July 17, 2011
July 9, 2011
In the 2011 Spring issue of Harvard International Review an article I co-wrote with Dr. Fariborz Ghadar makes the case that since the Islamic Revolution in Iran, the country’s economic position vis a vis its neighbors has deteriorated. For example, whereas in 1974 Iran’s per capita income was 50% higher than Turkey’s, today Turks enjoy a per capita income double that of Iranians. Qatar, Iran’s neighbor to the south is today the leading exporter of LNG whereas Iran should have captured the natural gas markets of Europe and Asia since it started the implementation of a global export strategy in 1976. Continue reading “Iran’s Crisis Amid Plenty” »
May 23, 2011
Another round of scape -goating of Iran’s Baha’is by the theocratic regime started last week with a show trial of the seven men and women that make up the ad hoc coordinating body of the Iranian Baha’is – the country’s largest religious minority. Charged with stirring up all the unrest sweeping the country today, Iran’s 300,000 Baha’is find themselves in serious jeopardy.
As President Obama tries to tackle the troubling issue of America’s relations with Iran, he should keep the prayer for America that has been officially enshrined in Baha’i prayer books as his moral compass:
“Oh, God, let this American democracy become glorious in spiritual degrees and render this just government victorious. Confirm this revered nation to upraise the standard of the oneness of humanity, to promulgate the Most Great Peace, to become thereby most glorious and praiseworthy among all the nations of the world. Oh, God, this American nation is worthy of Thy favors and is deserving of Thy mercy.”
The prayer itself was delivered in Chicago on April 30, 1912, by ‘Abdu’l-Baha, the son of the prophet-founder of the Baha’i faith, Baha’u’llah, who was visiting the United States at the behest of the nascent Baha’i community in America. Since then, the Baha’i community has been able to flourish in America because of the protections granted by our Constitution. Continue reading “Flashback: Baha’is on Trial” »
April 19, 2011
When Israeli Prime Minister Benjamin Netanyahu addresses members of Congress on Tuesday, he will get a rousing reception and – no doubt – a standing ovation if he suggests a military strike on Iran to destroy that country’s nuclear weapons facilities. Mr. Netanyahu rightly will point out that Iran is the No. 1 state sponsor of terrorism, a supporter of Hamas and Hezbollah and a threat to the Jewish state.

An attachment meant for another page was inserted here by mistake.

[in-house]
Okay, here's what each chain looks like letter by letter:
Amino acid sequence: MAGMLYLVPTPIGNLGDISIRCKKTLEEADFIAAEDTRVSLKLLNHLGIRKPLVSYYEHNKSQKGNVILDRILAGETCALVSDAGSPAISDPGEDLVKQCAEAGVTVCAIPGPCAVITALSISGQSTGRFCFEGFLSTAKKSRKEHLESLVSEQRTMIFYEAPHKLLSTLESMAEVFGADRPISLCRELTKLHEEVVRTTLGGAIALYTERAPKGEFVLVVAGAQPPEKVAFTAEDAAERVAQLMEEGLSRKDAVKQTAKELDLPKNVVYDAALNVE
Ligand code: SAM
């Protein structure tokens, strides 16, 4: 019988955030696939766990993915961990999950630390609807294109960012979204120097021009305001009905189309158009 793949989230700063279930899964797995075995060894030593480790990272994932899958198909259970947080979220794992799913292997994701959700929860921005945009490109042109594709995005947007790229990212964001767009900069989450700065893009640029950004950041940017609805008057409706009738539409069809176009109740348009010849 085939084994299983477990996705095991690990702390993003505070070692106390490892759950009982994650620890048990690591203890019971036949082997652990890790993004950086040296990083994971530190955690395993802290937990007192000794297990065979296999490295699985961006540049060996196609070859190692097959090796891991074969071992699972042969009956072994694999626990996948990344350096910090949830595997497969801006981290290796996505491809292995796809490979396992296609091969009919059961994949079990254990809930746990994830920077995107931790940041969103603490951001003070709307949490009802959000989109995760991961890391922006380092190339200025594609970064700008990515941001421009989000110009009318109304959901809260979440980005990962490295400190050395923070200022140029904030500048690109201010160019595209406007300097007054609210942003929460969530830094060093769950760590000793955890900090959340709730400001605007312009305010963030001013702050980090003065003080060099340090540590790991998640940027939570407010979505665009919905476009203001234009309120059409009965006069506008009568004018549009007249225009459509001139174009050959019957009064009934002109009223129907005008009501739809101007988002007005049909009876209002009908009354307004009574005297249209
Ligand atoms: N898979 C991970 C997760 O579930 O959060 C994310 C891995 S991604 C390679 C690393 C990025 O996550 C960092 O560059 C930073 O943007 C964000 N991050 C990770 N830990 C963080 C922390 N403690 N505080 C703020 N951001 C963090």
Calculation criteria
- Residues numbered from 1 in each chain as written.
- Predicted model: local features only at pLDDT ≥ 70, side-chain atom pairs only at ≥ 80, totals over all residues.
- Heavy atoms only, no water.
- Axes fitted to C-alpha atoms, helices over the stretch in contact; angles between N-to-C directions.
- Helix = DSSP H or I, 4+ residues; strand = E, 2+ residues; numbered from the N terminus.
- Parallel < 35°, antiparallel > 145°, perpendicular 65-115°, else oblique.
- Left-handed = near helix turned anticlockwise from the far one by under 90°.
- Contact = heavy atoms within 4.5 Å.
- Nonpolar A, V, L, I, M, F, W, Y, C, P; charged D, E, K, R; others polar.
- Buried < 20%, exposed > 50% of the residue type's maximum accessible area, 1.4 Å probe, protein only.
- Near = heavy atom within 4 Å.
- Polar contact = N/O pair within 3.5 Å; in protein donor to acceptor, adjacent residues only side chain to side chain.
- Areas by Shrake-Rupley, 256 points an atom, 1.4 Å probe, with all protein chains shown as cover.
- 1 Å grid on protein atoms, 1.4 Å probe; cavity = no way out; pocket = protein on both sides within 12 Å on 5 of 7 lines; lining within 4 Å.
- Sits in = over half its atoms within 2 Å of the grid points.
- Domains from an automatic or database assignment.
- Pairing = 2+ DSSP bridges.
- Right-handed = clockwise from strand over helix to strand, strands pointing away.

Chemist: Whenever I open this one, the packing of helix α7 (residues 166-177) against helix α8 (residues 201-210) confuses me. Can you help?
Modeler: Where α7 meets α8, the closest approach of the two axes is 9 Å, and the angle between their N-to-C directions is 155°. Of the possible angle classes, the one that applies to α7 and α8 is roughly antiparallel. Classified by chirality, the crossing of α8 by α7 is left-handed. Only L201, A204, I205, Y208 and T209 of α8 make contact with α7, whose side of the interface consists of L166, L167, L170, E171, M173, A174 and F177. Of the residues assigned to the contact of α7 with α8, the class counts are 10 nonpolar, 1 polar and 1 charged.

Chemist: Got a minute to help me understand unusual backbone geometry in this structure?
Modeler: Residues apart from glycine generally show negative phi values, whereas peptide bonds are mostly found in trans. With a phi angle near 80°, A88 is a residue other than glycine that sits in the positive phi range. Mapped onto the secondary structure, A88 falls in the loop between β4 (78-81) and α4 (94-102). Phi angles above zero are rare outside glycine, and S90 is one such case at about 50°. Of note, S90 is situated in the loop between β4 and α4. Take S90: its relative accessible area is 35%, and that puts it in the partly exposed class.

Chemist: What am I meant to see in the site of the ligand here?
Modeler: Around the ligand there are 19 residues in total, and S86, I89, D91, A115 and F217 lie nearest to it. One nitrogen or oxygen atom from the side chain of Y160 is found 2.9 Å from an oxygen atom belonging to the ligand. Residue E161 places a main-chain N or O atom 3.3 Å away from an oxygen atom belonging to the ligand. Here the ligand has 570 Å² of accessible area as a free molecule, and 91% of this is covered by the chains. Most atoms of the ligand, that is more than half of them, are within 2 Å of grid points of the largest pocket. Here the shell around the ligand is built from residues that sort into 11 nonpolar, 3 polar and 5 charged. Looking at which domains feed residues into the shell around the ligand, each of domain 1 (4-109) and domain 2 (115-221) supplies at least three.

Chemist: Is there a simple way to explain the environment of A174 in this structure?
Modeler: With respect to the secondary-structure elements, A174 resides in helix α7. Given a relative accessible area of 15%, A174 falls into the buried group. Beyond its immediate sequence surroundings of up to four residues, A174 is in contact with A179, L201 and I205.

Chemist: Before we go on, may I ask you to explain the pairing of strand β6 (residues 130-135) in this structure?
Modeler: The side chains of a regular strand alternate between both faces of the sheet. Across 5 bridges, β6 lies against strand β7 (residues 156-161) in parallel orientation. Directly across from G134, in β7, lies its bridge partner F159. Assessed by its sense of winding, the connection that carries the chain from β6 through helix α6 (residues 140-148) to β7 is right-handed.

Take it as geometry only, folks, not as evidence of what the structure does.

Members of Congress would be well-advised to take stock of the history between Iran and the Jewish state before giving the Israeli prime minister a green light to attack Iran. This 2,500-year-old history suggests that the character of the regime in Tehran has had the most immediate influence on Israeli-Iranian relations: Secularists have welcomed ties to the Jewish state, whereas Islamists have opposed cultivation of closer ties to Israel. Continue reading “Israel’s Iran Dilemma” »
March 29, 2011
Dr. Rob Sobhani was interviewed on CNN World’s Global Public Square on the issue “What the Kings of Saudi Arabia and Bahrain are thinking.” He discussed stability, growth, leadership, and more, with a focus on new opportunities for cooperation and reform:
Amar C. Bakshi: You’ve been in the region and you’ve talked to leaders in Bahrain and Saudi Arabia. Let’s start with Saudi Arabia. What are the Saudi’s main concerns?
Rob Sobhani: The foreign policy of Saudi Arabia first revolves around stability. Next, they desire economic growth because Saudi Arabia’s population is young. Third, the Saudis want to ensure that the region doesn’t fall into the grips of a sectarian divide – of Shia versus Sunni. Continue reading “What the Kings of Saudi Arabia and Bahrain Are Thinking” »
A well-rounded global energy policy means that a broad spectrum of countries are producing a wide range of oil and gas products. In this way, temporary distribution issues in one country do not slow down the global economic recovery, which is dependent on petroleum products. The key to this equation is Saudi Arabia. As the world’s largest oil exporter oil price stability depends on Saudi Arabia’s policy to keep prices within a band that is fair to both consumers and producers.
While visiting the Persian Gulf earlier this month, I met with a number of officials to discuss how the global economy has been affected by the recent events in the region. Higher oil prices are a net result of political and economic instability while the need for genuine reform is most likely the underlying cause of these events.
One way for the global economy to protect itself from price instability is closer cooperation between oil producing countries and consumers. This cooperation should also include partnerships with countries like Saudi Arabia, Bahrain, Israel and Qatar to develop alternative sources of energy.
Forward-looking countries like the United Arab Emirates, Bahrain and Qatar are already laying the foundations for the establishment of a green economy.
But until such time as alternative energy takes hold, the United States — and the rest of the world — will have to rely on crude oil imports for economic growth. This means that the U.S. must strike a balance between the stability of countries such as Bahrain, Saudi Arabia and Qatar and our commitment to good governance.